Woods shoots 65, gets on leaderboard

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In golf, Saturday is called moving day, and at THE PLAYERS, nobody moved more than Tiger Woods, who started in last place and, with a 65, ended up in a tie for ninth. It was his lowest round of the year.

“I finally got off to a good start,” Woods said after he finished. “I birdied the first couple of holes and I just kept it rolling from there.”

Rolling indeed. Woods had six birdies on the front nine, at the first, second, fourth, fifth, seventh and ninth. It was really extraordinary. He was able to add two more on the 11th and 12th, and then his run stalled.

He bogeyed the 14th, always one of the toughest holes on the course, and parred in. In other words, it could have been lower.

“I hit a lot of, overall, the whole day, a lot of quality shots and 65 was probably as high as I could have shot today,” he added.

In other words, it could have been a 64, 63, 62 or better.

What has been the difference? It has to do with getting into the feeling of playing high level tournament golf.

“I got my playing feels back and it's just a matter of playing and executing and putting the shots together,” he explained. “I've hit quality irons before and I was able to convert today and got rolling early.”

Woods has been struggling this year, trying to piece together his previously world class game. However, it is only his eighth tournament of 2018, and he has had chances to win at three of them so far, the Honda, Valspar and the Arnold Palmer Invitational.

“Eventually, I was going to put all the pieces together, and today, for the most part, I did that,” he added. “I hit some shots in the correct spots, which was nice. I hit probably three of the best long irons I've hit all week.”

Realistically, Woods’ chances to overtake THE PLAYERS leader Webb Simpson are slim. Because Woods is in ninth place, he would need to shoot another 65 or better, have everyone ahead of him play average or below average golf and have Webb Simpson fall on his longish putter and shoot the worst round of his career. In other words, it doesn’t look good for a Woods victory.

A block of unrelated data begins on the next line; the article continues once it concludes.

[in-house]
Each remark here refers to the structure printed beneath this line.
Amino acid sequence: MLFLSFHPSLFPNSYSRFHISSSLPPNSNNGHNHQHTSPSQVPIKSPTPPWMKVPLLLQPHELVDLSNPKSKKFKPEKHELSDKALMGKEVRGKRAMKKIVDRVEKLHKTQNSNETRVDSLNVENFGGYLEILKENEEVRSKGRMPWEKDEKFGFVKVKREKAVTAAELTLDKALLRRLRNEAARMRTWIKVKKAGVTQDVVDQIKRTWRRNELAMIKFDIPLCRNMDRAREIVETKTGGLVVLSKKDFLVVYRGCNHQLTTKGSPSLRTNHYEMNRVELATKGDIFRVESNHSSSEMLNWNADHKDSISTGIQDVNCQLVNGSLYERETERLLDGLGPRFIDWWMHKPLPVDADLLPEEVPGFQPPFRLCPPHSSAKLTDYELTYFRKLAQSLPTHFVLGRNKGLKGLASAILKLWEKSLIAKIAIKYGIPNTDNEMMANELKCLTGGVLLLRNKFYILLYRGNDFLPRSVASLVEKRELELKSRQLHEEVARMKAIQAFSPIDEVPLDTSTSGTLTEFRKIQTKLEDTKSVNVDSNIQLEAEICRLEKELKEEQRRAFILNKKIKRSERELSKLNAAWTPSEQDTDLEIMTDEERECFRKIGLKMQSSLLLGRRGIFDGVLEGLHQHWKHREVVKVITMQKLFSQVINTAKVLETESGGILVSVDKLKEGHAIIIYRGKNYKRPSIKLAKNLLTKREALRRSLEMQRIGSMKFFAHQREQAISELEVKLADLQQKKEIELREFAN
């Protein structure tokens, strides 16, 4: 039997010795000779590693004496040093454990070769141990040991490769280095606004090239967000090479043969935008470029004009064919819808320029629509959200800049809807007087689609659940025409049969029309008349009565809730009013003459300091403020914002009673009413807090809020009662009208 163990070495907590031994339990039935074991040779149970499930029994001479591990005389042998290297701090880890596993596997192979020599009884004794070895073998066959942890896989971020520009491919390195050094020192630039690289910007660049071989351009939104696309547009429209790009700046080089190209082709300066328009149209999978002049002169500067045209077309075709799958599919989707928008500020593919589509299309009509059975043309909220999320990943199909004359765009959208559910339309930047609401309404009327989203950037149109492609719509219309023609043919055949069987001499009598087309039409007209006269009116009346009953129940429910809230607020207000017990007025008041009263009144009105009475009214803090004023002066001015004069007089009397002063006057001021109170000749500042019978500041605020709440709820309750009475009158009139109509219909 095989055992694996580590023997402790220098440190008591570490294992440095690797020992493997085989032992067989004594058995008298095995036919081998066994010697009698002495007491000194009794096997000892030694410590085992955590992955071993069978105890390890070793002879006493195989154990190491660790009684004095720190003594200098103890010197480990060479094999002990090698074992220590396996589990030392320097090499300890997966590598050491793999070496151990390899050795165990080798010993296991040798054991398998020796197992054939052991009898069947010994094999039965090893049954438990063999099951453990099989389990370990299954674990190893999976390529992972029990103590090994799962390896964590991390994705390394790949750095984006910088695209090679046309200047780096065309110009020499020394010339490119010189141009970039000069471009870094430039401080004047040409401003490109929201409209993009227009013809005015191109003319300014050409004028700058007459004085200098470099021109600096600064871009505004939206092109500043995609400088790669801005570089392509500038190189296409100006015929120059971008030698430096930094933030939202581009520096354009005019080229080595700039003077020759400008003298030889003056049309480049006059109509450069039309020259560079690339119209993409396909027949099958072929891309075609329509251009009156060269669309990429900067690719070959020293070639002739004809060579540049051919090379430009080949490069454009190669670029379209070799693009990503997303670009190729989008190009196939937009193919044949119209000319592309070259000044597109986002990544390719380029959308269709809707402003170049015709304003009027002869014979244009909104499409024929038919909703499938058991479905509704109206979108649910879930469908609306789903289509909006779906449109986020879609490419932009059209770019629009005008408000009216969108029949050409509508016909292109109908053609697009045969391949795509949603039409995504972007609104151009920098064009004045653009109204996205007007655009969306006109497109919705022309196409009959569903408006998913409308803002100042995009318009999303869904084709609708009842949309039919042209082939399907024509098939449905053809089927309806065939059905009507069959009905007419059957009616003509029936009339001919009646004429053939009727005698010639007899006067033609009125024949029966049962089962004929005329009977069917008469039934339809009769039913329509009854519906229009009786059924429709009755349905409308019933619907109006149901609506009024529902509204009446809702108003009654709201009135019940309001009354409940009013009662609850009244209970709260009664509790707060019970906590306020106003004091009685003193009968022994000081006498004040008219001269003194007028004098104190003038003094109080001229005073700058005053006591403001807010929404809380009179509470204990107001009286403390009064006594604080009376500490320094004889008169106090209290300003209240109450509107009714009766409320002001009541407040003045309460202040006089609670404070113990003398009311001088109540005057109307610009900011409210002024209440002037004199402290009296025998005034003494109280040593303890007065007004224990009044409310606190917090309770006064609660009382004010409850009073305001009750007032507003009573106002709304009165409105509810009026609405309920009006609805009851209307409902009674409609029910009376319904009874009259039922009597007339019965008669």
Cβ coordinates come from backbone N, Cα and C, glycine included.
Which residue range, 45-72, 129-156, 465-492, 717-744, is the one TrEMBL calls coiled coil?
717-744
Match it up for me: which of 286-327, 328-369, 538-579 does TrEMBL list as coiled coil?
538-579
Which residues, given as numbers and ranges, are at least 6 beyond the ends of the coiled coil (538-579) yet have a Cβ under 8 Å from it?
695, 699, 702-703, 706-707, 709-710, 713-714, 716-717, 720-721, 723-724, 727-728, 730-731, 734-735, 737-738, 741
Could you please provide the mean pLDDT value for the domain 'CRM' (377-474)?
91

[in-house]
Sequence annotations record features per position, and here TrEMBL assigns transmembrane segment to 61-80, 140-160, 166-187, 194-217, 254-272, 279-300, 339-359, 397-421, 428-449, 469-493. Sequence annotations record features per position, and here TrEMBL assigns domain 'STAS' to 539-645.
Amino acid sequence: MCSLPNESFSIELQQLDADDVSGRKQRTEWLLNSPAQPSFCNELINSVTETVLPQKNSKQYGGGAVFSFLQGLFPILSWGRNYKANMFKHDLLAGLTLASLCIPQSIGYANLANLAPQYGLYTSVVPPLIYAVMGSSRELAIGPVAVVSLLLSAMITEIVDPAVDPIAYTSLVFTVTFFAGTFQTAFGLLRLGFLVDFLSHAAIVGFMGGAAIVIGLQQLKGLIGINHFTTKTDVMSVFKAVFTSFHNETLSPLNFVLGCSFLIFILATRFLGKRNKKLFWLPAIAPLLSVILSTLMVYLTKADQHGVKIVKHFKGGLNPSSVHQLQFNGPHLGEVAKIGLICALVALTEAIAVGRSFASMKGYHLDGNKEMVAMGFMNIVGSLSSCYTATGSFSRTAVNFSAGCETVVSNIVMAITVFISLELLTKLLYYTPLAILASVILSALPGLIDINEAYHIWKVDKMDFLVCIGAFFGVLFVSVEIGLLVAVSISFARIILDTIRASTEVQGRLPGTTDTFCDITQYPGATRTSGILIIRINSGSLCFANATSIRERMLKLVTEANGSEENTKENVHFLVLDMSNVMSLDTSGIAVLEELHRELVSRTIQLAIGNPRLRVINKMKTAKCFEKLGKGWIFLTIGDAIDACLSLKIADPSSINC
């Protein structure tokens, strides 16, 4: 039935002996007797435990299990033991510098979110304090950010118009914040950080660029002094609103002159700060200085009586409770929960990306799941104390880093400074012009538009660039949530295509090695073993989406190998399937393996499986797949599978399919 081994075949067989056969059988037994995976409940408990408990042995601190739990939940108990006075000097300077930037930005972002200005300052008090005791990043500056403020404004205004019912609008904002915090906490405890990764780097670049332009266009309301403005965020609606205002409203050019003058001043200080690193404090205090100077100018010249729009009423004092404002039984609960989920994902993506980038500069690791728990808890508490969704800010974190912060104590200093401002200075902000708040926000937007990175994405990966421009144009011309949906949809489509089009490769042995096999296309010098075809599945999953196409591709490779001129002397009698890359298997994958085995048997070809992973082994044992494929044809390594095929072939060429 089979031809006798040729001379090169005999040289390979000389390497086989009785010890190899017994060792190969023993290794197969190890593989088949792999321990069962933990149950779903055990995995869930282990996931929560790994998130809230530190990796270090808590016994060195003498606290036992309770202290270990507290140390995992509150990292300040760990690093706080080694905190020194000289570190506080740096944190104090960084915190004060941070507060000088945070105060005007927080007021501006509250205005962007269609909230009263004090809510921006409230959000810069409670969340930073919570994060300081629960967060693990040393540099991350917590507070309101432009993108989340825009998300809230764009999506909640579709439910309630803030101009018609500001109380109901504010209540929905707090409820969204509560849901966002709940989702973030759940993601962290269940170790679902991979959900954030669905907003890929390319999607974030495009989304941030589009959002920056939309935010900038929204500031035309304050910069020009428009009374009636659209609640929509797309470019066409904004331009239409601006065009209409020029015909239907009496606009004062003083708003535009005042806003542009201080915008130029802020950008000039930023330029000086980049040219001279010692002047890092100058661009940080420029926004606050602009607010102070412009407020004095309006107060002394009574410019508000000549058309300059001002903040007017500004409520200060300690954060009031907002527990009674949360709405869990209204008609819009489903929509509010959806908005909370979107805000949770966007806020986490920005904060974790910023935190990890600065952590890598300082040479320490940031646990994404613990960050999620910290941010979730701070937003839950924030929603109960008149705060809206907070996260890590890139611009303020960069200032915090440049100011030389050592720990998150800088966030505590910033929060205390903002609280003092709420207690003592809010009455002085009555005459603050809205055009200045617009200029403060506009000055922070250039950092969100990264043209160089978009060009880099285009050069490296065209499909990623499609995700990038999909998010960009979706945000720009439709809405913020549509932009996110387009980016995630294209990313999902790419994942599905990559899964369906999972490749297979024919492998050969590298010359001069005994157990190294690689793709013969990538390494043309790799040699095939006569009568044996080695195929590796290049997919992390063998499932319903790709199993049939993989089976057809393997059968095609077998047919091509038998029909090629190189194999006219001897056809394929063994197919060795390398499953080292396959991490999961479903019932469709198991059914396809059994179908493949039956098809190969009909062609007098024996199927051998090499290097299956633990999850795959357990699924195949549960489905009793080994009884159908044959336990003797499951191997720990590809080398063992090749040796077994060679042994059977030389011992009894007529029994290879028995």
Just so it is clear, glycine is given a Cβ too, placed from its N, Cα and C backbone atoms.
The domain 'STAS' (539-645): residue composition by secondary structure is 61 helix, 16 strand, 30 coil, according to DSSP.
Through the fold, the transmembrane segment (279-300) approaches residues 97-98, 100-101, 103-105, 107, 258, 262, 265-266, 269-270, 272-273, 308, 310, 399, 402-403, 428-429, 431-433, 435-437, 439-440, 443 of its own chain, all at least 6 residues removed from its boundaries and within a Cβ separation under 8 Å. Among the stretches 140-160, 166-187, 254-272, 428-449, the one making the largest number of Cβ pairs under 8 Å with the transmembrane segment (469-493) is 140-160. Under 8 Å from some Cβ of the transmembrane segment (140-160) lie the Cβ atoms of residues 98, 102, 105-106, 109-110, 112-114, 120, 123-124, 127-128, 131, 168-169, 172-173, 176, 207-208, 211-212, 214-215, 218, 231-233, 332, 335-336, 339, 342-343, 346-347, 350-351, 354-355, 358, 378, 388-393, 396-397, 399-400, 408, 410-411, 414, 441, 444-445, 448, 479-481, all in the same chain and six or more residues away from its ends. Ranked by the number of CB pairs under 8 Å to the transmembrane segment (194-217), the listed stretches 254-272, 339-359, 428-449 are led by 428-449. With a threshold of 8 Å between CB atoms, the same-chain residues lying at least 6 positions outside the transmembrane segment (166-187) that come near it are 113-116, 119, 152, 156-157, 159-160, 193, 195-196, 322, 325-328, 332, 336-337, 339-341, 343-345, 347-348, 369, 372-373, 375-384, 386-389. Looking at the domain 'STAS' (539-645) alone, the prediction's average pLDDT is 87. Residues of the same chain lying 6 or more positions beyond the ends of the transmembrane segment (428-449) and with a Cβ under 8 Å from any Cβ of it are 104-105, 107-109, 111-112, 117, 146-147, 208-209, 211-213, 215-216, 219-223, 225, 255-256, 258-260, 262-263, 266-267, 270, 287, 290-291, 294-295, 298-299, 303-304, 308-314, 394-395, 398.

For perspective, the biggest comeback in golf tournament history, according to the research desk at the PGA Tour, is by Paul Lawrie in the 1999 British Open. Lawrie closed a 10-shot deficit primarily because Jean van de Velde, the leader, hit from the rough on the 18th hole into the Barry Burn, a creek, and made several mistakes after, giving him a seven on the par four. That caused a playoff that van de Velde lost to Lawrie.

The biggest lead that was lost on the PGA Tour is six strokes, by seven players, and we’ll save them the embarrassment by not mentioning their names.

Look for NBC and Golf Channel to spend plenty of time on Tiger Woods and Jordan Spieth, who also shot 65 and is tied with Woods. If you are at the course, try to watch Woods early, and then find a place to rest where you can see great shots and disasters and see what happens. It could be historic.

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